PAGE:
It is great that CEA has asked teachers why they chose to teach. It is an important question to ask, particularly given the shroud of cynicism surrounding the profession going back to the release of A Nation at Risk, and reaching a high point in the first term of George Bush. Teachers need to share their stories to put a face back on our profession.
These are big questions. Why do people choose to teach? What are the circumstances that cause them to stay in teaching? And particularly pertinent to the current engine of reform – increasing teacher effectiveness – what motivates teachers to improve?
NCLB was, and continues to be, the “stick without the carrot” approach to motivating a workforce. Now we are embarking on what may well prove to be an excessive reliance on the “carrot,” particularly if the pay for performance crowd prevails.
In preparation for this next era of federal intrusion, we ought to be asking the next question: “What keeps you in teaching?” Not that we haven’t asked before: we have. If James Carville were writing this he’d probably say, “It’s the working conditions STUPID.” And I’m not talking simply about “wages, hours, and conditions of employment.” Rather, in addition to these, that complex amalgam of conditions which enhance a teacher’s ability to become increasingly more effective. You know what I am talking about.
The merit pay narrative relies on a powerful mythology about how workers in all other sectors of the economy are paid and what motivates them to perform. Recent (and also not so recent) research debunks these myths.
The latest edition of Harvard Business Review offers 10 Breakthrough Ideas for 2010. The first breakthrough idea is about motivation: What Really Motivates Workers: Understanding the Power of Progress. Teresa M. Amabile and Steven J. Kramer “reveal what their research shows is the true key to employee motivation.” Among the findings from their analysis of nearly 12,000 diary entries by knowledge workers who made daily ratings of their motivation and emotions, progress in one’s work – even incremental progress – is most frequently associated with positive emotions and high motivation. The authors further indicate that “The key to motivation doesn’t depend on elaborate incentive systems. In fact, the people in our study rarely mentioned incentives in their diaries.”
Another interesting finding that has some resonance for me is that those who manage these workers, when asked what they thought most powerfully motivated their employees, got it wrong.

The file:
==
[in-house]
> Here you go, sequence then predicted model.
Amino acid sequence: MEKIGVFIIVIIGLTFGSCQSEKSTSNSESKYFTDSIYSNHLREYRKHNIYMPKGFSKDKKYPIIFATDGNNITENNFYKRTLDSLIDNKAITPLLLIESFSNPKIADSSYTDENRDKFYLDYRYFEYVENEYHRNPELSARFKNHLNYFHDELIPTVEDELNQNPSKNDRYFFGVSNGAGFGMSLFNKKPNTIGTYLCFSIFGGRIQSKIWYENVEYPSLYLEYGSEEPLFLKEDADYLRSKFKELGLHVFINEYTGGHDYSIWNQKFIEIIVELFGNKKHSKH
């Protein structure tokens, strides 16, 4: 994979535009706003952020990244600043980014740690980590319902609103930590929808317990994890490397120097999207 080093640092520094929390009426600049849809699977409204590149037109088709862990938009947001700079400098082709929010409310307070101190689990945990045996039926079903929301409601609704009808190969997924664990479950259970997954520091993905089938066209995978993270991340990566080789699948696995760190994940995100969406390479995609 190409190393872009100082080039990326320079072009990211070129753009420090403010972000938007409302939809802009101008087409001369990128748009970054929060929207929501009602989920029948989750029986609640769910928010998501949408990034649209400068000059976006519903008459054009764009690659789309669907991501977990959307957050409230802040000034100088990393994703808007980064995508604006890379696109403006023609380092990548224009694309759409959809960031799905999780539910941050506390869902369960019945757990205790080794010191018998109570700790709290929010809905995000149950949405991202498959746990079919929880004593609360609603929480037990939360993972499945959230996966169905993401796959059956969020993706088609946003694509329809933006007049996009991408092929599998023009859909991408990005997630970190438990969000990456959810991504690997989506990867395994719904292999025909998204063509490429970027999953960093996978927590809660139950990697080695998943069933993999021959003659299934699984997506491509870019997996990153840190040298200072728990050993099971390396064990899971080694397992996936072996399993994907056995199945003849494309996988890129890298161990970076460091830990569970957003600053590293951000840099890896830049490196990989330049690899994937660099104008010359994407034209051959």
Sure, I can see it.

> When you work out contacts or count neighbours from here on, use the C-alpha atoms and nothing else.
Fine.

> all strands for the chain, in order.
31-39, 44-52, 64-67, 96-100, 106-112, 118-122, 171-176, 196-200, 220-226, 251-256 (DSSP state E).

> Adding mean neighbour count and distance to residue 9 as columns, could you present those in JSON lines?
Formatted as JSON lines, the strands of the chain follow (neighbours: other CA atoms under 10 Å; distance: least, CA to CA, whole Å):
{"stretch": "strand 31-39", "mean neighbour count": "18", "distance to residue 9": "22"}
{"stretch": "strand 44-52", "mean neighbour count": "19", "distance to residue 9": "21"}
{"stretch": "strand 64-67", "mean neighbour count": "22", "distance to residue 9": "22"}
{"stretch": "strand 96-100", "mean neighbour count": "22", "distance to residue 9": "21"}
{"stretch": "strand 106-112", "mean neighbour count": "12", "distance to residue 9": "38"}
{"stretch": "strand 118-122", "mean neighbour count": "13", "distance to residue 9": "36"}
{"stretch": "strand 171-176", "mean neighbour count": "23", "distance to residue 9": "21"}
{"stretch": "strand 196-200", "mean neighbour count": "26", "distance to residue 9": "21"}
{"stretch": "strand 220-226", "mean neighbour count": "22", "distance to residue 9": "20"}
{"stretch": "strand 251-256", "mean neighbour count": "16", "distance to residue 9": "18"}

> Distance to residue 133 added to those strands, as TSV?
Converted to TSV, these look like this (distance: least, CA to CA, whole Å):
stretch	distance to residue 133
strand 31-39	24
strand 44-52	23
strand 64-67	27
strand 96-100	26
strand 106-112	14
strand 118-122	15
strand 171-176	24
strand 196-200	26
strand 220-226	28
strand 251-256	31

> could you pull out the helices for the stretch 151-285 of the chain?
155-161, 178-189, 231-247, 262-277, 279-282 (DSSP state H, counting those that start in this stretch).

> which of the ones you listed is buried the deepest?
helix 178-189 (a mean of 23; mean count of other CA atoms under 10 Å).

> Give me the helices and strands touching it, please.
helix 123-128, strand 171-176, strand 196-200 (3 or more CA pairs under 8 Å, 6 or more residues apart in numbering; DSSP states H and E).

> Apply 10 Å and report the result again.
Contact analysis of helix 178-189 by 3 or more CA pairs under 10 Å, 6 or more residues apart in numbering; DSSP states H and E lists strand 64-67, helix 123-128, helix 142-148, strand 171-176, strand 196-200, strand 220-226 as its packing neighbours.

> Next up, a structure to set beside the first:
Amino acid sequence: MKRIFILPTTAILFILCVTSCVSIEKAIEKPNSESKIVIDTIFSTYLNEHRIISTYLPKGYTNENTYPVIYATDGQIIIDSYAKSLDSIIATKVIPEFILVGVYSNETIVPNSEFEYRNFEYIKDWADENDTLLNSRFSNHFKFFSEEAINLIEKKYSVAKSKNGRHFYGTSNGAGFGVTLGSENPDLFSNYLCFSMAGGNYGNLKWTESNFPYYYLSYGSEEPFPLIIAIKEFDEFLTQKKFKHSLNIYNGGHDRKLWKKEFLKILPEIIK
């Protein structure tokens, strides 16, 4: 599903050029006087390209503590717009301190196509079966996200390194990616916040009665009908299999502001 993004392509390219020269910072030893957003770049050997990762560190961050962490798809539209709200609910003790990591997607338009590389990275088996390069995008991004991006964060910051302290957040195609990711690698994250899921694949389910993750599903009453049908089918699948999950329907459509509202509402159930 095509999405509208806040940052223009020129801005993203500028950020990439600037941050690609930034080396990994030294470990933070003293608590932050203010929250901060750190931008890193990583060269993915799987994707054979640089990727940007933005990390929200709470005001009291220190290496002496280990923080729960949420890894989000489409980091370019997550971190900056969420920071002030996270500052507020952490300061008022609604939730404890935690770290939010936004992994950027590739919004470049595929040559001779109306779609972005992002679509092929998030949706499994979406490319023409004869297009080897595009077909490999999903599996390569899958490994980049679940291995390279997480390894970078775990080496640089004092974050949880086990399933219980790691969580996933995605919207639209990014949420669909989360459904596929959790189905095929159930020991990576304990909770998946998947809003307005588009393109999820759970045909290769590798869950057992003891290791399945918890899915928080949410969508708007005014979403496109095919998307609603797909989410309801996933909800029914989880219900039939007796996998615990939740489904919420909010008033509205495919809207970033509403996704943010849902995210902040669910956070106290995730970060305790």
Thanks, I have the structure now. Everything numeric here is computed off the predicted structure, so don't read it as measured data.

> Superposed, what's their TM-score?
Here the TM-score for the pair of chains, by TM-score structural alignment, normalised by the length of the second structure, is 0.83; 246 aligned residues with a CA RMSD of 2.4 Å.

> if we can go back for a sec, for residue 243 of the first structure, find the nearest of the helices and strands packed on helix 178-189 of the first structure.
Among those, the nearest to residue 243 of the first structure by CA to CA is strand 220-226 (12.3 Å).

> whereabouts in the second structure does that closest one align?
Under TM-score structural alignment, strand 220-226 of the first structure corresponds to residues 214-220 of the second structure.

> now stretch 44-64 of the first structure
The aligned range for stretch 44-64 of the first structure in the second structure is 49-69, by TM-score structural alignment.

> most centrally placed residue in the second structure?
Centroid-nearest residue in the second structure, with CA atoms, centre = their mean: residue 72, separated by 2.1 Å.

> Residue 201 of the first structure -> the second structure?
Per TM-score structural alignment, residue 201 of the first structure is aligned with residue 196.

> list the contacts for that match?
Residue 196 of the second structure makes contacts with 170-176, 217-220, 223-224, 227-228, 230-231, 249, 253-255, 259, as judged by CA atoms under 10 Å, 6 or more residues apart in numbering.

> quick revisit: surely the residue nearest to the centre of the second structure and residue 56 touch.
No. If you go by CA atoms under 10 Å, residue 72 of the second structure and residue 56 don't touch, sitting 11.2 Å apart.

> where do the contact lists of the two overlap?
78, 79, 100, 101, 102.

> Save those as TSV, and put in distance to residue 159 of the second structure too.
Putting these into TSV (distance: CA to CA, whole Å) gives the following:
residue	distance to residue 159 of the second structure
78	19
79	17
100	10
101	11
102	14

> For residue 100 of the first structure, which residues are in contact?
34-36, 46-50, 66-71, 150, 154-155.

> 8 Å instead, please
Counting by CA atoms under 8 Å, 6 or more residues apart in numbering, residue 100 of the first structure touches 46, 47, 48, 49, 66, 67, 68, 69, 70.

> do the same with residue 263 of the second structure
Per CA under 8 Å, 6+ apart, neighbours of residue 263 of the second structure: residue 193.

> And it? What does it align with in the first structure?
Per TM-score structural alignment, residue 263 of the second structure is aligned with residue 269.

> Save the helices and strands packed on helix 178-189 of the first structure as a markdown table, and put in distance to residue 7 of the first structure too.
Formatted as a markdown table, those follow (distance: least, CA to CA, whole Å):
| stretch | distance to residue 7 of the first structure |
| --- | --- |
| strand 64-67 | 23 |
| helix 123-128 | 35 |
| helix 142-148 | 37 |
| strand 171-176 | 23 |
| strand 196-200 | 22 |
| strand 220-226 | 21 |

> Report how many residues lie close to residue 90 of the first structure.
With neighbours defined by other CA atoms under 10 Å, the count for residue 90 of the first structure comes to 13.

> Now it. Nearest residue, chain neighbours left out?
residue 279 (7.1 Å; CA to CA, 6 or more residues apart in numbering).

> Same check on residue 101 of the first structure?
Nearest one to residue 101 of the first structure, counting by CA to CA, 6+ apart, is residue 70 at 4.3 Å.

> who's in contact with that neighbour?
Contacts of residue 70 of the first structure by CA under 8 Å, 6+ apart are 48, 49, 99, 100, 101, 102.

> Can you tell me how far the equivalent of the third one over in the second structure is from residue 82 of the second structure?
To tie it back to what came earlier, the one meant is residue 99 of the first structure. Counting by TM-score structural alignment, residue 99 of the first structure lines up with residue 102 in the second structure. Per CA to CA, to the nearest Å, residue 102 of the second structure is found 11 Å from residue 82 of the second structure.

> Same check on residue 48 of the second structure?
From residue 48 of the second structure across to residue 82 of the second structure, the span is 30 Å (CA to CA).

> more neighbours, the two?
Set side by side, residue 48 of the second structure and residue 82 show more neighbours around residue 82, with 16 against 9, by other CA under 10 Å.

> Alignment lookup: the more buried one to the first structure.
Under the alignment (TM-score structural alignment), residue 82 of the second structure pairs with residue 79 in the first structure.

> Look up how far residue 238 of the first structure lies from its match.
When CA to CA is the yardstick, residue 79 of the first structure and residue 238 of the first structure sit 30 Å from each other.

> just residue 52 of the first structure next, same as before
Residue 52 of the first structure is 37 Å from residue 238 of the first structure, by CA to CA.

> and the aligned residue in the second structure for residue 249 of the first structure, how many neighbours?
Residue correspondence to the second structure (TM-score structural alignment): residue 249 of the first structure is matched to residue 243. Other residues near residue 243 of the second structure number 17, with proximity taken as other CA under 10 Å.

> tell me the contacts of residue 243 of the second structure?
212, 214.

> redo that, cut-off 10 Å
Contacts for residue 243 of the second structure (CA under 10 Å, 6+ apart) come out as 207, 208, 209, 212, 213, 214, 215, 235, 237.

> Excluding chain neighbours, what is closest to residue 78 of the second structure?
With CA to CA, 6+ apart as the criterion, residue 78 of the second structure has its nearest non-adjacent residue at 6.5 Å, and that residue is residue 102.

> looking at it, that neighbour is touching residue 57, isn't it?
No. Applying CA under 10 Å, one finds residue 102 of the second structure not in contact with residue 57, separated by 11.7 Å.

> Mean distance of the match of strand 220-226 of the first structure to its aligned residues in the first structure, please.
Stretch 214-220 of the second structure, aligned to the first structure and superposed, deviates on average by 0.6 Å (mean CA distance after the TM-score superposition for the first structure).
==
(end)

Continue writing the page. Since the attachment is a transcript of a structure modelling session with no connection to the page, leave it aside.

Ask leaders what they think makes employees enthusiastic about work, and they’ll tell you in no uncertain terms. In a recent survey we invited more than 600 managers from dozens of companies to rank the impact on employee motivation and emotions of five workplace factors commonly considered significant: recognition, incentives, interpersonal support, support for making progress, and clear goals. “Recognition for good work (either public or private)” came out number one.
In the study, the knowledge workers ranked recognition low among the factors motivating their performance. Wait a minute, didn’t President Obama and Secretary Duncan recently say that “recognizing and rewarding teachers” will be a major driver in their proposal to revamp ESEA? In fact, they have proposed a whopping quadrupling of the monies in the Teacher Incentive Fund. Could they possibly be barking up the wrong tree in the quest to improve teacher effectiveness? It wouldn’t be the first time.
Consider the notion of progress. What has been the biggest criticism of Adequate Yearly Progress? The goal keeps moving – making the achievement of progress increasingly difficult until it reaches a point of impossibility. Is it any wonder that gradually, over the last decade, teachers find themselves in an existential vacuum? Anthony Mullen, one of the more articulate and thoughtful National Teachers of the Year, and also a CEA member, alluded to this recently in his blog Road Diaries (see the posting Teacher Tales).
Here’s one more recommendation as you think about what it is that motivates teachers and if we are out of line with the worldview of our brothers and sisters in the private sector. Check out the recent work of Daniel Pink, who recently published a book called “Drive: The Surprising Truth About What Motives Us.” As Publisher’s Weekly puts it, “Pink cites a dizzying number of studies revealing that carrot and stick can actually significantly reduce the ability of workers to produce creative solutions to problems.”
Below watch Dan Pink explaining some of his ideas on motivation in an interesting and entertaining presentation from Ted.com.